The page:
"…the rear gardens behind three townhouses on Barrow St. that the church owns would be better opened up to public view, though would not be available for actual public use."

      • VillageBorn1961

        The "rear gardens behind the townhouses" are not now, nor have they ever been open to public use. They are, in fact, used as private backyards for the tenants of those houses. They are fenced in and some are quite overgrown. The new plan calls for the removal of the fences and a master horticultural plan creating a unified garden visible through an arch. An improvement, in my opinion. The gardens that have traditionally been open to the public will continue to be.

    • St. Luke's good works are irrelevant. Irrelevant. Irrelevant. Do not hold a knife to the throat of one of the greatest blocks in our neighborhood and tell me I must be against good deeds if I do not approve. Such fallacious reasoning.

  3. Smart move co-opting LGBT as a pacifier for the NIMBY folks. Fact is, most of the rich people buying these apartments want nothing to do with the street crime, noise, and disruptions that come from Christopher Street. Will be interesting to see if hypocritical preservationists support this one.

    • Read the piece again, Matt. No 'rich people' will be buying these apartments. They're rentals. With 20% affordable units. And given St Luke's decades long work with people living with HIV/AIDS, your comment about the church 'co-opting LGBT' as a pacifier is completely offensive.

      • The Church's use of its good works to justify this economic scheme IS offensive. At the community board hearing for landmarks and aesthetics, Rev. Stacey began her presentation by touting the Church's outreach. Since they are, undeniably, good works, this amounted to a craven manipulation: "If you oppose my plan, you oppose LGBT outreach and hot lunches for the elderly."

        These things are NOT related.

        When I am not doing well financially, I do not put an addition on my home. I tighten my belt and live within my means. So should St Luke's!

      • "20% affordable" sounds so much better than "11 rental units," doesn't it?

        St. Luke's deceptive language would make Frank Luntz blush.

      • Rich people won't be "buying", they will be "renting". Is that really the best you can do? The church would be better off being honest with residents here instead of claiming all these benefits when the real intentions are obvious.

  4. GreenwichStHome

    The church is ruining the gardens, which will now lose all of their western light.

    Who wants to sit in a garden under the shade of a 16 story hodgepodge of a tower?

    The whole point of landmark preservation is to prevent wonderful, human scaled spaces–the treasures of our city–from being destroyed by developers.

    Also, the building is ugly. You cannot name a building in the LP district of the west village that looks like this — so outrageously out of place, tall, and ugly.

    Signed,
    Resident of West Village since 1999

    • GreenwichVillage2014

      Why is there a landmark district if they can do this within it? Is not the entire point of landmark districts to prevent the erection of more towers? If they want to build a tower, maybe they should go uptown to where there's no light, no people-sized buildings, no cobble stone charm, no small pathways.

      I agree that St Luke's is set about to ruin the block, and the garden too by putting this monstrosity red Darth Vader of a building on the corner of the lot.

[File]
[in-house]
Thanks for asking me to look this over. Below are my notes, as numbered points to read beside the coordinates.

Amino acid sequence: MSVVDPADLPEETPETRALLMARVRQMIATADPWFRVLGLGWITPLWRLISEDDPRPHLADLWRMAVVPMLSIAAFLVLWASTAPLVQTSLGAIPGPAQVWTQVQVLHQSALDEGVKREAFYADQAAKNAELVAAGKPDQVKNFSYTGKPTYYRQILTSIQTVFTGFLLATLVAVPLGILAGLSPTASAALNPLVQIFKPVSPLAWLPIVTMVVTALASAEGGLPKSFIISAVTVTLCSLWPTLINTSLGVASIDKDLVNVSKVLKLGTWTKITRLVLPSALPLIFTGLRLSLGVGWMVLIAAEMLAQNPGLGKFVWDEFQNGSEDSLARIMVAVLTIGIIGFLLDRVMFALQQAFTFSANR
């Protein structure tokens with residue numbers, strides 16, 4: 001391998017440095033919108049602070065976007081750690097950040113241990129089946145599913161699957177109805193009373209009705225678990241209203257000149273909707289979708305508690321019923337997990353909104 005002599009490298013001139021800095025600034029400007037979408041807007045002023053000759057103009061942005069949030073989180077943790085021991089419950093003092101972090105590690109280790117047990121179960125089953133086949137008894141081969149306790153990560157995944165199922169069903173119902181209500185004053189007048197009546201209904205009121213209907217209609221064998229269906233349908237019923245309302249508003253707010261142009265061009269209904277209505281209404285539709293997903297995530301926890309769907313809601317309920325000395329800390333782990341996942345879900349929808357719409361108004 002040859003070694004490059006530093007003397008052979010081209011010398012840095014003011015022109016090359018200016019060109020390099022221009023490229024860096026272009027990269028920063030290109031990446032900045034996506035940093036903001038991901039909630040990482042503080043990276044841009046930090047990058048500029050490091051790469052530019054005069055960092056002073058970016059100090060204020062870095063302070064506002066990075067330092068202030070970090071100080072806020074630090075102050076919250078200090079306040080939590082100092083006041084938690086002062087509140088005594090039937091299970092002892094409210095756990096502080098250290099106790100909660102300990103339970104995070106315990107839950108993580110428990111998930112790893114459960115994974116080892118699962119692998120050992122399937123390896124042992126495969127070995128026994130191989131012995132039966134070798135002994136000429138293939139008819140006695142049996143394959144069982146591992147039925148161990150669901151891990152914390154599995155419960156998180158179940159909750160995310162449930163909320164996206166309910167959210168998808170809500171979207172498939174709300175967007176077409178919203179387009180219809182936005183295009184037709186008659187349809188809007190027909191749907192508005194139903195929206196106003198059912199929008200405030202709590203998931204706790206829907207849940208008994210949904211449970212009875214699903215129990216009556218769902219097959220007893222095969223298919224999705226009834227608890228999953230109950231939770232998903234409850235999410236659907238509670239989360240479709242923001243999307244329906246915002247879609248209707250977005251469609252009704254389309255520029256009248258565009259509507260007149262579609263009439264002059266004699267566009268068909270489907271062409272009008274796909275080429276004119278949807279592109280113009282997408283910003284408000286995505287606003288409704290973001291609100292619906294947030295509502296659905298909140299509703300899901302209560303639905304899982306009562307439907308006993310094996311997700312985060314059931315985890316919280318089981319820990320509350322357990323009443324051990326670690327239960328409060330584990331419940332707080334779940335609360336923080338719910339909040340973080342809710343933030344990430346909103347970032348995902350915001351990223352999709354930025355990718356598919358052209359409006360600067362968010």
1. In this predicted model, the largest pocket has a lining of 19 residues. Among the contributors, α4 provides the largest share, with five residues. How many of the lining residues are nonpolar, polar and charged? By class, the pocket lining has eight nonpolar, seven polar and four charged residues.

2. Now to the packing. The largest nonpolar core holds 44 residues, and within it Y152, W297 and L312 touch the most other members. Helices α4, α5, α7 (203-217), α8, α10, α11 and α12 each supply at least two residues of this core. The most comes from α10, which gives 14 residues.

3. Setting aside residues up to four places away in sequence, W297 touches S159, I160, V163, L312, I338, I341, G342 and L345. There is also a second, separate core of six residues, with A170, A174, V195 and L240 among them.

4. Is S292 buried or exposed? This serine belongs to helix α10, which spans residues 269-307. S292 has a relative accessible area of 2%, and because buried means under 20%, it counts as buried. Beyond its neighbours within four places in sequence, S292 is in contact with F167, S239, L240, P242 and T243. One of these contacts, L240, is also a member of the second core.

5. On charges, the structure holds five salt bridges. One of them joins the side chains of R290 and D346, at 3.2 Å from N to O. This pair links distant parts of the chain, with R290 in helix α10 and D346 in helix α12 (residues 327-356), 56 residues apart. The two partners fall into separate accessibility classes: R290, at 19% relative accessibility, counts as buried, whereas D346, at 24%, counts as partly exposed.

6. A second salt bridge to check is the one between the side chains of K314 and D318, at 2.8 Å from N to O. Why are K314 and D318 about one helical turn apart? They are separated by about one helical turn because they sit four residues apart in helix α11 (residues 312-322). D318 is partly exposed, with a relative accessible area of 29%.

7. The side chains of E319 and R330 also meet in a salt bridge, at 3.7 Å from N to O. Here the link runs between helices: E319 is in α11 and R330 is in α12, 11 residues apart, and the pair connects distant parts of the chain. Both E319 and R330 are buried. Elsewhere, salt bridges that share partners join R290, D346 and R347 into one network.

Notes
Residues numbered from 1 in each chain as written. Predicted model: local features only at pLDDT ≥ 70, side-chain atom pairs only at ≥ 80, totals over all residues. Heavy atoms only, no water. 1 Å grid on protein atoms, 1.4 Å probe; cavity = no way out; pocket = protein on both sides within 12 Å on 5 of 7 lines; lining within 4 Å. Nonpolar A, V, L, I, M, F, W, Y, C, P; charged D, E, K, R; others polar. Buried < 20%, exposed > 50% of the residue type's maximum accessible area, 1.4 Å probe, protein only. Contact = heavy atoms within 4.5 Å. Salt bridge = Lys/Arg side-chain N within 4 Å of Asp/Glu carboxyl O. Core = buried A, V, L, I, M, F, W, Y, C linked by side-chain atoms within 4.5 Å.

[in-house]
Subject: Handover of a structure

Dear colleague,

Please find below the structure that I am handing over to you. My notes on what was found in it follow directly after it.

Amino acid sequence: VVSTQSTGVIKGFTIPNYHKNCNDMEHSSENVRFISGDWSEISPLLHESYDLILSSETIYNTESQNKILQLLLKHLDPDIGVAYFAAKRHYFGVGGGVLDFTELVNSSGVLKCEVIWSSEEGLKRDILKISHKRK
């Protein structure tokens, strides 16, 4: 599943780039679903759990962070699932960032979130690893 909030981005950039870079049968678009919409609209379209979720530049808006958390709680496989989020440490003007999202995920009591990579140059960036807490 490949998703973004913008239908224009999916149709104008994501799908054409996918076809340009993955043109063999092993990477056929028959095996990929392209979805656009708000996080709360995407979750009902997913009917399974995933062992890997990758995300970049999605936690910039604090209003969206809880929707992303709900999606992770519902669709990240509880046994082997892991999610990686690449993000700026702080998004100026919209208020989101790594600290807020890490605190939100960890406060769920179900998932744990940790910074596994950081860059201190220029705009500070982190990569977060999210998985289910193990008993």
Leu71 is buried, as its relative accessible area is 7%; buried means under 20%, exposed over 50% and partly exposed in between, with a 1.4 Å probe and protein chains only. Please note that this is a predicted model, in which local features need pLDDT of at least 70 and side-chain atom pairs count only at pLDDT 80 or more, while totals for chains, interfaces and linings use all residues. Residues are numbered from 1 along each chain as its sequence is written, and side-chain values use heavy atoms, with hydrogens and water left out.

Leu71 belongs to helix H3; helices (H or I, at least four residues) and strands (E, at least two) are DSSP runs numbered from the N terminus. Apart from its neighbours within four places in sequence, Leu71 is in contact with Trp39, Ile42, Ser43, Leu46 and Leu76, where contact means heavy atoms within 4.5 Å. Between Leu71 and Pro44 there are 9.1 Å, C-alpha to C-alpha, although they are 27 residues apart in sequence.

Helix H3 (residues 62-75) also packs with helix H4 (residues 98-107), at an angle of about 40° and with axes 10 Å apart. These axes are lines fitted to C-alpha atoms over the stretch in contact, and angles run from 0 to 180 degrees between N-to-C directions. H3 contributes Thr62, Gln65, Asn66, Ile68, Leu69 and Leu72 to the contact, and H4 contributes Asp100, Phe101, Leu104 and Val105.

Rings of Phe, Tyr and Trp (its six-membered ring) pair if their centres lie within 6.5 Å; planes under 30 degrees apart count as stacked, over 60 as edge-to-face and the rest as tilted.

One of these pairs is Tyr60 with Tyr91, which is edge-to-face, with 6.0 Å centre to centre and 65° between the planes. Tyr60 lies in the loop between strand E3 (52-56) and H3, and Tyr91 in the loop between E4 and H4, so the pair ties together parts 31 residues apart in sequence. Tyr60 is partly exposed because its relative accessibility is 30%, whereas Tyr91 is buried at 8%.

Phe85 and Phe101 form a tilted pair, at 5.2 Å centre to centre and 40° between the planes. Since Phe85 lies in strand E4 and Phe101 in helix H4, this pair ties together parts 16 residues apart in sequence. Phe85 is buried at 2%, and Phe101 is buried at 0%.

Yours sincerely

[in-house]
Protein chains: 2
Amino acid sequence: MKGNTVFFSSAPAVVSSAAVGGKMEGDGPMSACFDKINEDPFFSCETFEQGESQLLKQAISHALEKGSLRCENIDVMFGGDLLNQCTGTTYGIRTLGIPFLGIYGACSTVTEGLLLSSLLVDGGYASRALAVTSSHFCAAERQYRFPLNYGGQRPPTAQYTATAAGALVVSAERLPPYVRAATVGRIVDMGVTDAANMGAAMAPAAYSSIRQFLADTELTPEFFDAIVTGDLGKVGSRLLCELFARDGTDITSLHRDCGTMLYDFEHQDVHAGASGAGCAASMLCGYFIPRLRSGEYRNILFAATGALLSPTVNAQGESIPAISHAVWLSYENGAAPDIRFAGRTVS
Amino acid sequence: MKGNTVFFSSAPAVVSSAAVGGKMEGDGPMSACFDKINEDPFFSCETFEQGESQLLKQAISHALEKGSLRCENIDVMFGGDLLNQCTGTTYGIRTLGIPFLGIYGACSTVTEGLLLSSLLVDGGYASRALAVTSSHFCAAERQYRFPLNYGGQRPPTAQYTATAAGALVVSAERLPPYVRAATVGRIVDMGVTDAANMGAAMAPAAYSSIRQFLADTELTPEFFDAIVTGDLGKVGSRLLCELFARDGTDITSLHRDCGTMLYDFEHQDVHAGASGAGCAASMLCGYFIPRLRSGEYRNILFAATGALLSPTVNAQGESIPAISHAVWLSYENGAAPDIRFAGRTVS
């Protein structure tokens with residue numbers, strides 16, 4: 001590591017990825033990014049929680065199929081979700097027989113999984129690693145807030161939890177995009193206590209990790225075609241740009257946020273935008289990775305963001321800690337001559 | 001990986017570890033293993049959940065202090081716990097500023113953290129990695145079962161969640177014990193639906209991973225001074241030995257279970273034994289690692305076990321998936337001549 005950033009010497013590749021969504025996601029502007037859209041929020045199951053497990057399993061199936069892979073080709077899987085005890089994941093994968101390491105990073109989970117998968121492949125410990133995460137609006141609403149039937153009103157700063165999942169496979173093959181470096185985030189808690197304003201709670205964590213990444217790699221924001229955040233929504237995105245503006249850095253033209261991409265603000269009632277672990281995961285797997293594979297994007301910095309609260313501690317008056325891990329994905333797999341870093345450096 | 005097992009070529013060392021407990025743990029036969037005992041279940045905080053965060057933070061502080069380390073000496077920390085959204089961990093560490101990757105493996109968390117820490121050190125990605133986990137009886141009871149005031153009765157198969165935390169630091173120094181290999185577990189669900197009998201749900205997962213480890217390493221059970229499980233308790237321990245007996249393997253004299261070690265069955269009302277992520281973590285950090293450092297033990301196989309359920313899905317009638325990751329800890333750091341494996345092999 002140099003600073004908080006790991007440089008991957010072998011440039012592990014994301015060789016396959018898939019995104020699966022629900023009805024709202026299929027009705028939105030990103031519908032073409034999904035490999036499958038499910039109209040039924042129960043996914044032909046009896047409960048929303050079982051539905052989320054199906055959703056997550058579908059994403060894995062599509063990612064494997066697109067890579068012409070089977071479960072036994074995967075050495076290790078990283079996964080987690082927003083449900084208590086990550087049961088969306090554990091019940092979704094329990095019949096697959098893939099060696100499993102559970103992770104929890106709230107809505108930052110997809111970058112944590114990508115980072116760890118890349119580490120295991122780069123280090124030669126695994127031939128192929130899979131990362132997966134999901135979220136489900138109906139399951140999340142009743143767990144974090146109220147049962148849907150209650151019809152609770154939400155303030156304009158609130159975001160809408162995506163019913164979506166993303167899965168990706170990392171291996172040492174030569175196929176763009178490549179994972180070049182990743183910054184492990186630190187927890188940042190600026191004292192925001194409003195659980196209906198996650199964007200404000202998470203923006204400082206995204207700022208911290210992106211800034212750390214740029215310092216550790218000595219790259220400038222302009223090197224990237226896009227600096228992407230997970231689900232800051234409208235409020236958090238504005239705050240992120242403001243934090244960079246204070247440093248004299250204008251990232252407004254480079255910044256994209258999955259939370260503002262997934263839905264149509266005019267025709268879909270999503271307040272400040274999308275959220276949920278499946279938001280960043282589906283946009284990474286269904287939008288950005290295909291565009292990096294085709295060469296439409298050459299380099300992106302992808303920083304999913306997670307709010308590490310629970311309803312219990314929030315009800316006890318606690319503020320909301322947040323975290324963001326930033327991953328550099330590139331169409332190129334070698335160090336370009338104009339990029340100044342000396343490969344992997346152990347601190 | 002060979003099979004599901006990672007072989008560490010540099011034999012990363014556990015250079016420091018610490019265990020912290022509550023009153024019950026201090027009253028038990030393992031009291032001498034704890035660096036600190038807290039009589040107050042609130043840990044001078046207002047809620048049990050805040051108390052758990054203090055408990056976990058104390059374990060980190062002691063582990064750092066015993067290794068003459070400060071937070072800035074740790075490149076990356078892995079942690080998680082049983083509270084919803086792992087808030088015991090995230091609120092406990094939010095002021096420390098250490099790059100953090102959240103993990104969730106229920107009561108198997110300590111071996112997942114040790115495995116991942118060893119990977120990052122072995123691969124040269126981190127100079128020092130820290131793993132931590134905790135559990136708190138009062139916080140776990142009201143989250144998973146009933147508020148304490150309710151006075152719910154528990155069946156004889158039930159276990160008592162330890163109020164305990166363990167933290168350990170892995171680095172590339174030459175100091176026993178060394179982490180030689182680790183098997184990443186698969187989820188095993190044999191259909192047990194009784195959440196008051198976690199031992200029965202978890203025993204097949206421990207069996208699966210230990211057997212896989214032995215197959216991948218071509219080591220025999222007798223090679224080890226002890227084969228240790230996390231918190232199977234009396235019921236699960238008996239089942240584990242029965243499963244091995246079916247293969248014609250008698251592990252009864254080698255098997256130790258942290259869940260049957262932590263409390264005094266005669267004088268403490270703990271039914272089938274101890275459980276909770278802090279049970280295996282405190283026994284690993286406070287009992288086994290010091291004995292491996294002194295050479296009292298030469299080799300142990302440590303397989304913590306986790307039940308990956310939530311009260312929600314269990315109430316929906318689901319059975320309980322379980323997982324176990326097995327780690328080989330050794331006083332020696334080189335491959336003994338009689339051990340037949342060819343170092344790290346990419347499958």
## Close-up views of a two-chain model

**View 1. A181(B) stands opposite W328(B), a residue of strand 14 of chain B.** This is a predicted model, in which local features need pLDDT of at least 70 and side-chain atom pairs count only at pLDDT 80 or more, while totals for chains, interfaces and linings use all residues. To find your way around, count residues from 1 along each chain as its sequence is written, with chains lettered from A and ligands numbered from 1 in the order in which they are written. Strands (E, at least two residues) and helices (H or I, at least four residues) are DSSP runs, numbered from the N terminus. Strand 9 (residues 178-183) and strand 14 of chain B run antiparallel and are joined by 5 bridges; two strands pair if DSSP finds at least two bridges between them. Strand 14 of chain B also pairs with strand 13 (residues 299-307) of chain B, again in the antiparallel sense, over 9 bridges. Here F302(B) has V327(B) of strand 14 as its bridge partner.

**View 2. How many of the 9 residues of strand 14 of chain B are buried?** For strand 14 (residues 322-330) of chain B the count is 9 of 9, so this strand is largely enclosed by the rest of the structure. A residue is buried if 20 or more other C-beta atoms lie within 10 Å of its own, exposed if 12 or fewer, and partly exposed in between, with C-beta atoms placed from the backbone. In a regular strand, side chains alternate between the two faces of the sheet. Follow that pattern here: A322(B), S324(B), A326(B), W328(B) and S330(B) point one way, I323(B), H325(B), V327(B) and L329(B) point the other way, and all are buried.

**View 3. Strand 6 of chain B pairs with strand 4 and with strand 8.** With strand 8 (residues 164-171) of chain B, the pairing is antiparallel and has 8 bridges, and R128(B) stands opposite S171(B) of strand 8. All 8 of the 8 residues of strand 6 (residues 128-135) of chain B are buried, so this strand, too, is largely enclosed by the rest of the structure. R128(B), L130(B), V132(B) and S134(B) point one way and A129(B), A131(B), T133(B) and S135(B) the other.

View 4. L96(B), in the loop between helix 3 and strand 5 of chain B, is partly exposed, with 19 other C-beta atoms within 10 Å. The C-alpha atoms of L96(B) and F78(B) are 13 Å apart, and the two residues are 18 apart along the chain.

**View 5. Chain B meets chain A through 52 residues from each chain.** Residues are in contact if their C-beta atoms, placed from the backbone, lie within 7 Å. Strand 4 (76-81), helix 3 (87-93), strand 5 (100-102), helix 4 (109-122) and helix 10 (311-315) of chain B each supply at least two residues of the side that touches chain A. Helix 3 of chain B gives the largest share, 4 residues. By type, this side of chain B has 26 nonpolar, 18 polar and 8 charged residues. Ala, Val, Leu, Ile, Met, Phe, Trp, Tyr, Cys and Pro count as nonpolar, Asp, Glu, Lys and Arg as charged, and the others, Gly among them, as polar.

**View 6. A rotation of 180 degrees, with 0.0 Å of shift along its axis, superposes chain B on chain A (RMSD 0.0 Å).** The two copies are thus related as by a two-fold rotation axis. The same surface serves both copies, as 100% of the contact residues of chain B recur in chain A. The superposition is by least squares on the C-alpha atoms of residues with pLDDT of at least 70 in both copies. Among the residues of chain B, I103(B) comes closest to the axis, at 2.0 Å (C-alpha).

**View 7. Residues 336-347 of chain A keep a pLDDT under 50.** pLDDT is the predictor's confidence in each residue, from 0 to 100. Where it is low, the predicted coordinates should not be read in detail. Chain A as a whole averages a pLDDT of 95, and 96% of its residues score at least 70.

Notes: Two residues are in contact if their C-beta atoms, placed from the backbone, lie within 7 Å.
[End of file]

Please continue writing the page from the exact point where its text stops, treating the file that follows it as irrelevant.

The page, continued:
St. Lukes wants money for its school and its mission. But then they should raise this money from amongst themselves, rather than tithing their neighbors by taking away the common good which is light and space and a skyline that is so nicely free in the west village of gigantic buildings like what they are proposing. The drawings make it look like a jail, or one of the old projects. What a horror!

      I understanding how an architect and developer are short-sighted. But I am shocked that the St. Lukes church also suffers from such short-term thinking.

      It's the neighborhood's job, and the job of our city's leaders, to prevent them from making this destructive mistake for everyone, including themselves. As time goes on, what becomes valuable is space, openness, charm. The church is mortgaging their future, and the future of the neighborhood, to have more money today.

      Also, landmarks should think about this as a precedent setter. Not only is St Luke's breaking down a barrier to development for themselves and their immediate neighbors, but they are doing so for the entire landmark zone. Over a generation, by just removing this one cornerstone of the city's public policy, we may see the entire charm of Greenwich Village punctured by high-rises, and destroyed by developers.

      Last thought – if St Lukes wants to make more money, they should just fix up and sell or rent the townhouses on the south of their site. This would make money, and would improve the neighborhood.

    • Just want to point out that the scientific shadow studies presented to the Landmarks subcommittee of CB2 on Monday clearly show that the gardens (which are private property of the church anyway) are NOT going to be hit with shadows thrown by the tower. The setbacks and massing of the building is specifically designed to avoid that.

    • The church has been a resident of the West Village since 1820. Just for clarity's sake. Also it's 15 stories,not 16.

      • I will support this plan if Rev. Stacey commits to living out her days on this block. But since she will likely depart after having perpetrated this audacious grab, I do not put much stock in her sunny appraisal.

        • It is interesting that you object to being tarred with evil motives, but you have no issue with doing so to others.